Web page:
Morgan Lehman is pleased to launch the fall exhibition schedule with a solo show of new works by mid-career artist Paul Villinski.
Flight and transformation are themes that pervade Villinski’s eclectic body of work. An avid sailplane pilot, soaring flight has aesthetic and conceptual implications for Villinski. In his most recent body of work, this interest takes the symbolic form of butterflies, precisely cut by hand from discarded aluminum cans. The individual components, each unique and often pigmented or gilded, are sculpted to represent specific species of butterflies. Villinski painstakingly deploys hundreds of these fluttering elements across the gallery walls in pointillist compositions that resemble minimalist, geometric paintings.
Villinski’s fondness for utilizing found objects is a way of giving new life to discarded things. In his work, the objects become stand-ins for the people who once used them, and thus become studies in identity. The butterflies are at once whimsical and evocative. They refer to loss and potential rebirth, while creating a fantastical environment in which littered cans become delicate and beautiful entities. Villinski’s serene installations are a means for contemplation and transformation.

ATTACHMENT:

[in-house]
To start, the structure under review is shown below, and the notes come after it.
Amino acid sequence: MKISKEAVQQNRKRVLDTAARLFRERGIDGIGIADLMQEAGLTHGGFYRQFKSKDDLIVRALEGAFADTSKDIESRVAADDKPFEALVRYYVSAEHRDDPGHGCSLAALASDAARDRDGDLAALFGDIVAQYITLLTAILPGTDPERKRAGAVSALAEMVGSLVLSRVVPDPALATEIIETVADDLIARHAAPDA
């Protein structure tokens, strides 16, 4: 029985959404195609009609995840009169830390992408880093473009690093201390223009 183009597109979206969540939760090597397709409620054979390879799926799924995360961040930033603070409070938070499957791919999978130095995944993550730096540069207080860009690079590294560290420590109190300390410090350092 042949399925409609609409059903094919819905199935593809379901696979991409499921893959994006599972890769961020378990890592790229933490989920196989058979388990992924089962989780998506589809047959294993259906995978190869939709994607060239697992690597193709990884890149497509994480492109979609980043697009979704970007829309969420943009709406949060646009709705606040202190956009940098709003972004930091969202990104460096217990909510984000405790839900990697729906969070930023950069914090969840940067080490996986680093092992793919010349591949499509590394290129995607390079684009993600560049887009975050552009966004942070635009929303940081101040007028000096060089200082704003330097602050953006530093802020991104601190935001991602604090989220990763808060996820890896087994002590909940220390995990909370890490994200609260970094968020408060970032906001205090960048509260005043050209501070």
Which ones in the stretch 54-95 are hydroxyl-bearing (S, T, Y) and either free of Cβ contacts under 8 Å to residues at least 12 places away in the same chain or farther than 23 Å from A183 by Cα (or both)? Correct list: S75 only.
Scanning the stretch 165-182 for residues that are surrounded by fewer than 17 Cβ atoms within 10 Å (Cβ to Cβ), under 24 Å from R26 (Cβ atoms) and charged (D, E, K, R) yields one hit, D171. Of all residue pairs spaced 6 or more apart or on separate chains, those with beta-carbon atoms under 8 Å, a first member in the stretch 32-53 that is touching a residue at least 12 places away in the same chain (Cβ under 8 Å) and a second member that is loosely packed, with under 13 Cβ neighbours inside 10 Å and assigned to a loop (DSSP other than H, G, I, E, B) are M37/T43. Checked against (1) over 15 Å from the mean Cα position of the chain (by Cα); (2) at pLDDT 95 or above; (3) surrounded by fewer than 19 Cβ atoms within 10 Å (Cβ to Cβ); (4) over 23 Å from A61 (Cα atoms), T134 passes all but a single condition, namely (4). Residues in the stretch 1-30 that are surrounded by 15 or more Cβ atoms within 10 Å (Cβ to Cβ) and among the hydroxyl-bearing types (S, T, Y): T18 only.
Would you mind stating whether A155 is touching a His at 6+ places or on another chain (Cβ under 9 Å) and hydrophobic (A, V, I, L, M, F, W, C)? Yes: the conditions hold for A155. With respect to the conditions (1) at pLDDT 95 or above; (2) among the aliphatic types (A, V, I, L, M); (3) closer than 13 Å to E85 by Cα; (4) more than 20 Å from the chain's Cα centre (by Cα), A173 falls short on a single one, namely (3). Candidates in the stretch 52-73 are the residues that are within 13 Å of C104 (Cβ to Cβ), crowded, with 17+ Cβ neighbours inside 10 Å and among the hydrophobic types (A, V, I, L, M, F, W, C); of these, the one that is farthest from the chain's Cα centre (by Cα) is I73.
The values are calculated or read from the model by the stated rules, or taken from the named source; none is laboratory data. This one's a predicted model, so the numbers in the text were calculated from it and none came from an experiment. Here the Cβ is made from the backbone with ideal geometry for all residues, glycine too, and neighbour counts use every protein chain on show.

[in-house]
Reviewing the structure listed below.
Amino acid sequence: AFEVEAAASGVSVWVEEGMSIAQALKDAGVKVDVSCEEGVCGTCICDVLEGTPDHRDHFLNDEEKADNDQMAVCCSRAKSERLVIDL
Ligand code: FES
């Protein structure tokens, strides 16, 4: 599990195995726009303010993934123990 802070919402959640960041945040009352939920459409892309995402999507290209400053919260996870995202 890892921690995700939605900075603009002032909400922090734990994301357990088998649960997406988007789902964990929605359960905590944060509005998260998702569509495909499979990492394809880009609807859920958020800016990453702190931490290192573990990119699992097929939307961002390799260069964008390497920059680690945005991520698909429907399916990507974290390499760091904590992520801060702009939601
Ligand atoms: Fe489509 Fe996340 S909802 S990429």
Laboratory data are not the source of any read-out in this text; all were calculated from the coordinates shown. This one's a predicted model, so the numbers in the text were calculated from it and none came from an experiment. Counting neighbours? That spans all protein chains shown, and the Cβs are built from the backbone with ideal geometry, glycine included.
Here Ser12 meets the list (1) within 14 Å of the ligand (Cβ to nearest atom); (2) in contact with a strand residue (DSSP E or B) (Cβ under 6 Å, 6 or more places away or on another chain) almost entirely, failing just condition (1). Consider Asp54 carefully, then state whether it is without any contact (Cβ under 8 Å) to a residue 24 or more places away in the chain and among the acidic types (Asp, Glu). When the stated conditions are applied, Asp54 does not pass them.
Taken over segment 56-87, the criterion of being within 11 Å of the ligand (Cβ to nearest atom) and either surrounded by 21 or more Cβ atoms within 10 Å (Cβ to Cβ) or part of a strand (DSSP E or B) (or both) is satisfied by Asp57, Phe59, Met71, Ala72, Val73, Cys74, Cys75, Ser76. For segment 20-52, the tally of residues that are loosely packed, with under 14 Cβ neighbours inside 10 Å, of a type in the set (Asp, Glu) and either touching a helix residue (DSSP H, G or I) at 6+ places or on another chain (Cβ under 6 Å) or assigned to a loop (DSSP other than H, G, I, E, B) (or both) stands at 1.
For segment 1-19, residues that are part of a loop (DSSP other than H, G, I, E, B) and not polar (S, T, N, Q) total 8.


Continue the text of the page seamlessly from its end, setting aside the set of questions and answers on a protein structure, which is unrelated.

In My Back Pages, a signature new work, Villinski gives new life and meaning to his decades-old vinyl LP collection. The title refers to the autobiographical quality of the artist’s personal record collection – the soundtrack to his own life – and alludes to Arlo Guthrie’s 1969 song “My Front Pages”. In this piece, the glossy black forms, their colorful center labels still legible, are assembled into a wall installation of butterflies emanating from a 1970’s turntable. Caught in the record’s end groove, the needle’s slow scratching drone urges the winged forms out onto the gallery walls.